Regulation is the management of complex systems according to a set of rules and trends. In systems theory, these types of rules exist in various fields of biology and society, but the term has slightly different meanings according to context. For example:
Regulation in the social, political, psychological, and economic domains can take many forms: legal restrictions promulgated by a government authority, contractual obligations (for example, contracts between insurers and their insureds), self-regulation in psychology, social regulation (e.g. norms), co-regulation, third-party regulation, certification, accreditation or market regulation.
State-mandated regulation is government intervention in the private market in an attempt to implement policy and produce outcomes which might not otherwise occur, ranging from consumer protection to faster growth or technological advancement.
The regulations may prescribe or proscribe conduct ("command-and-control" regulation), calibrate incentives ("incentive" regulation), or change preferences ("preferences shaping" regulation). Common examples of regulation include limits on environmental pollution , laws against child labor or other employment regulations, minimum wages laws, regulations requiring truthful labelling of the ingredients in food and drugs, and food and drug safety regulations establishing minimum standards of testing and quality for what can be sold, and zoning and development approvals regulation. Much less common are controls on market entry, or price regulation.
One critical question in regulation is whether the regulator or government has sufficient information to make ex-ante regulation more efficient than ex-post liability for harm and whether industry self-regulation might be preferable. The economics of imposing or removing regulations relating to markets is analysed in empirical legal studies, law and economics, political science, environmental science, health economics, and regulatory economics.
Power to regulate should include the power to enforce regulatory decisions. Monitoring is an important tool used by national regulatory authorities in carrying out the regulated activities.
In some countries (in particular the Scandinavian countries) industrial relations are to a very high degree regulated by the labour market parties themselves (self-regulation) in contrast to state regulation of minimum wages etc.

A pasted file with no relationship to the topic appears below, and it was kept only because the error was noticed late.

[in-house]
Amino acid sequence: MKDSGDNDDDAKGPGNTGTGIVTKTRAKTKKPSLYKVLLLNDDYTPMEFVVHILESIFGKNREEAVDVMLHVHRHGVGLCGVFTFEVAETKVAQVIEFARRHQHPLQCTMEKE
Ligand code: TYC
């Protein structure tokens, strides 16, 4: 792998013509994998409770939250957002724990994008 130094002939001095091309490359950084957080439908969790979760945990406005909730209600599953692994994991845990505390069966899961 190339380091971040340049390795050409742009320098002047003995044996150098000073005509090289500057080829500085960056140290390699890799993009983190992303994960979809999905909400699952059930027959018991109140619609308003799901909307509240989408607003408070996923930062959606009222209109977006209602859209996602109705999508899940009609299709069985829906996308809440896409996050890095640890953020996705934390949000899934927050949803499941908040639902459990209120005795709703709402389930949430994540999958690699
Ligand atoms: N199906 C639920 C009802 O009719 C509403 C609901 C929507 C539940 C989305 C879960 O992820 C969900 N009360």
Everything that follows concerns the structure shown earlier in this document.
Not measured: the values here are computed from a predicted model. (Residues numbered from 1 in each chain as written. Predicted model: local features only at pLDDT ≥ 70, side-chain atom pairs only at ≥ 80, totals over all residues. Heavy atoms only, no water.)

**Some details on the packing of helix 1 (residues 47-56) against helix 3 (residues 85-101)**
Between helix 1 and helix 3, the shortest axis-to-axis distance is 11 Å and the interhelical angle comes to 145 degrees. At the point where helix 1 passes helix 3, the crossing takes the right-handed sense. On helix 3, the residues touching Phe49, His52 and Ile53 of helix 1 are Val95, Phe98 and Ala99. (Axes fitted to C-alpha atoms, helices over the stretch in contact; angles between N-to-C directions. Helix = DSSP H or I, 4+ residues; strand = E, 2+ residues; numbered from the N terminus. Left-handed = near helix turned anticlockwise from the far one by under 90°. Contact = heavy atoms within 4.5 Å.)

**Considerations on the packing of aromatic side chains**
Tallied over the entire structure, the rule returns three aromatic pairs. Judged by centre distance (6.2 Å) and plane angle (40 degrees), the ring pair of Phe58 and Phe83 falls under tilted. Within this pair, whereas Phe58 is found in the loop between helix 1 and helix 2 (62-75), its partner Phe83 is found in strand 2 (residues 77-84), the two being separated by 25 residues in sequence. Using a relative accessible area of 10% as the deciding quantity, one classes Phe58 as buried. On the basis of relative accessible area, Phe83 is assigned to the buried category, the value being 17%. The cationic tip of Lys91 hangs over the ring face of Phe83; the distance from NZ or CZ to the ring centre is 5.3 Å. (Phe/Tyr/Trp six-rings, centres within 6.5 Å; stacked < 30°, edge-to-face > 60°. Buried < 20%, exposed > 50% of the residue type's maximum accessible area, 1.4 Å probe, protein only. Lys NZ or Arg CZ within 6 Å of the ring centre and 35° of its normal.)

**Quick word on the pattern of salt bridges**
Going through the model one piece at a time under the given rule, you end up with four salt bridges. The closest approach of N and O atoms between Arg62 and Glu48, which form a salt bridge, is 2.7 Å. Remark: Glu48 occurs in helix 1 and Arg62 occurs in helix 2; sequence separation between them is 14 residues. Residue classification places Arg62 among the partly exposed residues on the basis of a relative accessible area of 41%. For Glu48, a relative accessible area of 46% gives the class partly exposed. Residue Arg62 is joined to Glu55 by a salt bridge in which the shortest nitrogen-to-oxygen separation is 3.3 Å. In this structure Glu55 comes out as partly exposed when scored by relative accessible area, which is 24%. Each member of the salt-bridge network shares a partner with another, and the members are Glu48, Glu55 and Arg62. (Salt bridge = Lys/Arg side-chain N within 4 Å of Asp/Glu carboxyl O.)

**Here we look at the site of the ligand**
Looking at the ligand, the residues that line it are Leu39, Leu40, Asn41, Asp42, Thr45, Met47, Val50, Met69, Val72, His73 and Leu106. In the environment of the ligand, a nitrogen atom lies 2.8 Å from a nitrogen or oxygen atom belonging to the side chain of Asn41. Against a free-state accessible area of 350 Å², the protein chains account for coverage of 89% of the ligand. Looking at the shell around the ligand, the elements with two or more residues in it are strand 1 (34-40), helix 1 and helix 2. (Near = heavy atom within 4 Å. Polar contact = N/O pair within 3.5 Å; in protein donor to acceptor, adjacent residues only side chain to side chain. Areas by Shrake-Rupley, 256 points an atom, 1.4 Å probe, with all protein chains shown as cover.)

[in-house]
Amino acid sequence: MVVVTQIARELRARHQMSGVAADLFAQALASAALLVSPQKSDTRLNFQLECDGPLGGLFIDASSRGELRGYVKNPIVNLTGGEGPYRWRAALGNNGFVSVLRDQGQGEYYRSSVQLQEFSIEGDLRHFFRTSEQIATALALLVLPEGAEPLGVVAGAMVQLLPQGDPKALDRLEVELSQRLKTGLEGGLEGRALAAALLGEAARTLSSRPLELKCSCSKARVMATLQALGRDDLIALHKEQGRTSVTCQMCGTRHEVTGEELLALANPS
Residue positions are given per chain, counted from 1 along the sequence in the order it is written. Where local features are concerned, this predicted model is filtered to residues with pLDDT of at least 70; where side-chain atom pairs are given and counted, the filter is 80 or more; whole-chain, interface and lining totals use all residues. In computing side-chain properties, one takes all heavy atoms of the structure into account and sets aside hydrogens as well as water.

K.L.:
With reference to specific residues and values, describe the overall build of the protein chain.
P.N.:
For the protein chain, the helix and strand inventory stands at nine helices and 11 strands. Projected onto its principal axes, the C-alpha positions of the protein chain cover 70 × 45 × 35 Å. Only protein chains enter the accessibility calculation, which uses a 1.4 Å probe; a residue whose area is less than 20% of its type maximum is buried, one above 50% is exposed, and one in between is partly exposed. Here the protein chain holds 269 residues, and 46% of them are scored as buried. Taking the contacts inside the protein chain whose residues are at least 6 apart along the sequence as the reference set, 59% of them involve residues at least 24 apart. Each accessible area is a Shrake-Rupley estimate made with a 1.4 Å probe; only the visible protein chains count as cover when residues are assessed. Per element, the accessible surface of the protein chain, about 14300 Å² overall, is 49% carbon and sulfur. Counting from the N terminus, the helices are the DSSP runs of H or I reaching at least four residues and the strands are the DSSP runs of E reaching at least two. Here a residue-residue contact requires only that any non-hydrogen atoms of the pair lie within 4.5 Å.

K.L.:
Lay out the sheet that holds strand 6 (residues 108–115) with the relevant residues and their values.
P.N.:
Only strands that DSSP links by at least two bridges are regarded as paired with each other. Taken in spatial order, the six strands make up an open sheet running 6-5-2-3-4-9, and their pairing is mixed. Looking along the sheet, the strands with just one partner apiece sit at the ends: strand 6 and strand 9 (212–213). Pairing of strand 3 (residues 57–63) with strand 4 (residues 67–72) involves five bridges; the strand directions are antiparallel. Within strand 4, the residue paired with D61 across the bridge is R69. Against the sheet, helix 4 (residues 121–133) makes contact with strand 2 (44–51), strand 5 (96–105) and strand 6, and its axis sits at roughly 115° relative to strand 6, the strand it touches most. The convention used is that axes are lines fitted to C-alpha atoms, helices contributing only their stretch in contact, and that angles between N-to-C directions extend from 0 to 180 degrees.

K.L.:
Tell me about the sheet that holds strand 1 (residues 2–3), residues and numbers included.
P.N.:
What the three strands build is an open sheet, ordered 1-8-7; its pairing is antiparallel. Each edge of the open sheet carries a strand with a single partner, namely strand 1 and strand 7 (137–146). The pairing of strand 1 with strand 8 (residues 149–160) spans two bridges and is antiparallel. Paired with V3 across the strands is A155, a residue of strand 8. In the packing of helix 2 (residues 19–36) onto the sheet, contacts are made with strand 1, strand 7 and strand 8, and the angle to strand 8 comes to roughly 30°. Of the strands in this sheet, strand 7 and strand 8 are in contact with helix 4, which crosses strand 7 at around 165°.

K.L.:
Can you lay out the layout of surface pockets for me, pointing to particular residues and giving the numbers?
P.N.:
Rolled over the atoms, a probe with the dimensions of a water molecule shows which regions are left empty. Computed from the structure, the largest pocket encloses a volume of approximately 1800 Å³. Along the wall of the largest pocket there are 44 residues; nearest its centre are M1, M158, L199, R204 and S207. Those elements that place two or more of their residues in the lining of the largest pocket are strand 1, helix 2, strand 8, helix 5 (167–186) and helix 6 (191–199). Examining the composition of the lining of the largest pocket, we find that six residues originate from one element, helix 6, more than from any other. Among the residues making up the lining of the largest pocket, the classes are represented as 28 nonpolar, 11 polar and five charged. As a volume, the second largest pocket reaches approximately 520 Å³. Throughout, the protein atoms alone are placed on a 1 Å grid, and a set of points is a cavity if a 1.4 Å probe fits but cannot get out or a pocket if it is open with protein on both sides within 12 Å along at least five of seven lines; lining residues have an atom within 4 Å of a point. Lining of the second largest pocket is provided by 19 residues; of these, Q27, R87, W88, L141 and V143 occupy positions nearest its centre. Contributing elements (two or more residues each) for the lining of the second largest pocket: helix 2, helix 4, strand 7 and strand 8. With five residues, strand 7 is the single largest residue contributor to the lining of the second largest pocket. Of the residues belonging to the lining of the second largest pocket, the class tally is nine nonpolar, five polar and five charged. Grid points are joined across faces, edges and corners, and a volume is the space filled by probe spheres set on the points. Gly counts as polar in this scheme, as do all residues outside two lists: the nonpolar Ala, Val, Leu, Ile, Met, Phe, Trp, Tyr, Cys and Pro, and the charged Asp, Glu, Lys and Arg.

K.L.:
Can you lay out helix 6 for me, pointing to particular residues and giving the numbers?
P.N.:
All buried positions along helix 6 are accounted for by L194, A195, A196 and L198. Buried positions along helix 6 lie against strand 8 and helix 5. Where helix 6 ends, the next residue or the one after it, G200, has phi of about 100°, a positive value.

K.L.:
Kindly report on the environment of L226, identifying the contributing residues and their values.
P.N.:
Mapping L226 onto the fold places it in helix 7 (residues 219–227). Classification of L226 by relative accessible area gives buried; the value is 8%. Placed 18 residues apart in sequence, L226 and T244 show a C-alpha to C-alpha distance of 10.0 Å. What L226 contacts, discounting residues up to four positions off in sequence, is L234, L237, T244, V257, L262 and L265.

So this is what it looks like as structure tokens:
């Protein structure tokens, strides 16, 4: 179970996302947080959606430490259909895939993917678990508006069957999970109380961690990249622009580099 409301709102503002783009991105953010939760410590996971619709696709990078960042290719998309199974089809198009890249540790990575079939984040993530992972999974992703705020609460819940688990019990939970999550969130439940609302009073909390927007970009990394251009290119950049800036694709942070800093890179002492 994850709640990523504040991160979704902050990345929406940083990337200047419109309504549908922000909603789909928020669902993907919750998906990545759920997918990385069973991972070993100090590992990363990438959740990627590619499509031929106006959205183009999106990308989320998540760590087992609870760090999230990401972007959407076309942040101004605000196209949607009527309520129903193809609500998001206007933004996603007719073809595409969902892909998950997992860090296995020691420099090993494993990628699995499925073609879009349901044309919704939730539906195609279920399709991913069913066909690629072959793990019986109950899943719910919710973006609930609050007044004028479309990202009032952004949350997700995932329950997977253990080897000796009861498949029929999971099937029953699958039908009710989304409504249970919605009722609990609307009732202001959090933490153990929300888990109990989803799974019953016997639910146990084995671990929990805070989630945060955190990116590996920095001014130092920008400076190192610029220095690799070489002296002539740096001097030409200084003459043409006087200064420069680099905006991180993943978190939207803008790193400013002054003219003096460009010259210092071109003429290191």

Regulations may create costs as well as benefits and may produce unintended reactivity effects, such as defensive practice. Efficient regulations can be defined as those where total benefits exceed total costs.
The study of formal (legal or official) and informal (extra-legal or unofficial) regulation constitutes one of the central concerns of the sociology of law.
Regulation of businesses existed in the ancient early Egyptian, Indian, Greek, and Roman civilizations. Standardized weights and measures existed to an extent in the ancient world, and gold may have operated to some degree as an international currency. In China, a national currency system existed and paper currency was invented. Sophisticated law existed in Ancient Rome. In the European Early Middle Ages, law and standardization declined with the Roman Empire, but regulation existed in the form of norms, customs, and privileges; this regulation was aided by the unified Christian identity and a sense of honor regarding contracts.:5
Modern industrial regulation can be traced to the Railway Regulation Act 1844 in the United Kingdom, and succeeding Acts. Beginning in the late 19th and 20th centuries, much of regulation in the United States was administered and enforced by regulatory agencies which produced their own administrative law and procedures under the authority of statutes. Legislators created these agencies to allow experts in the industry to focus their attention on the issue. At the federal level, one of the earliest institutions was the Interstate Commerce Commission which had its roots in earlier state-based regulatory commissions and agencies. Later agencies include the Federal Trade Commission, Securities and Exchange Commission, Civil Aeronautics Board, and various other institutions. These institutions vary from industry to industry and at the federal and state level. Individual agencies do not necessarily have clear life-cycles or patterns of behavior, and they are influenced heavily by their leadership and staff as well as the organic law creating the agency. In the 1930s, lawmakers believed that unregulated business often led to injustice and inefficiency; in the 1960s and 1970s, concern shifted to regulatory capture, which led to extremely detailed laws creating the United States Environmental Protection Agency and Occupational Safety and Health Administration.